Curr Probl Diagn Radiol 2019 Sep - Oct;48(5):448-451. Epub 2018 Sep 1.
Miami Cardiac and Vascular Institute, Miami, FL.
Purpose: To identify factors associated with radiologist donations to radiology political action committees (PACs).
Materials And Methods: A survey was emailed to 4474 radiologists. Factors investigated include demographics, donor history, and knowledge of the federal advocacy process. Logistic regression analysis was performed to determine factors associated with donor behavior.
Results: In total, 336 radiologists completed the survey. Overall, 152 (46.2%) radiologists reported donating to a radiology PAC in the past year. Those with annual personal income ≥$450,000 had greater odds to donate than those with annual personal income <$450,000 (odds ratio [OR]: 2.58, 95% confidence interval [CI]: 1.47-4.52; p < 0.001). More than three-quarters (77.2%, n = 254) reported limited or no knowledge of the federal advocacy process. Those with good or excellent knowledge of the federal advocacy process had greater odds to donate than those with no knowledge (OR: 2.63, 95% CI: 1.01-6.84; p = 0.047). Those with awareness that membership dues and foundation funds do not fund Society of Interventional Radiology Political Action Committee had greater odds to donate (OR: 3.54, 95% CI: 2.00, 6.25; p < 0.001).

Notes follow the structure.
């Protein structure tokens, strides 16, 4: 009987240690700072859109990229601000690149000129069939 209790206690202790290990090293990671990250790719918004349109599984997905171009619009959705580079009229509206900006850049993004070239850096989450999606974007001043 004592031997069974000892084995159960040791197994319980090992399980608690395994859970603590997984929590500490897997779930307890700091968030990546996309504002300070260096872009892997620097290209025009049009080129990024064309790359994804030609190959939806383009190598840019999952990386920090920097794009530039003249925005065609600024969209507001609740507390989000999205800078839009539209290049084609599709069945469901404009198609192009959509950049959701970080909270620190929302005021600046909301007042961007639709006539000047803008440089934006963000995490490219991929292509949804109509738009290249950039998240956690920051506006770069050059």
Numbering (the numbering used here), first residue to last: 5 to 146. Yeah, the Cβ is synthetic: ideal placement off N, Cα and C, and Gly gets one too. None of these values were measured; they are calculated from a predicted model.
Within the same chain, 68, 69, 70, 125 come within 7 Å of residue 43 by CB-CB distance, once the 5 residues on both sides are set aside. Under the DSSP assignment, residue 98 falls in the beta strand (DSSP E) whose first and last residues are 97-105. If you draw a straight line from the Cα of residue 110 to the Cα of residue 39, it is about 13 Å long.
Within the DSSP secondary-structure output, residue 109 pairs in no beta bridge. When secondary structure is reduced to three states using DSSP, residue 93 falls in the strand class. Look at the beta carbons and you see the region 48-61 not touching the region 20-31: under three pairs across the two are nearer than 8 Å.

Conclusions: Radiologists' personal income and knowledge of the federal advocacy process were identified as key factors influencing donations. PAC donation may benefit from raising awareness of the federal advocacy process, as well as from targeted fundraising strategies aimed at higher earners.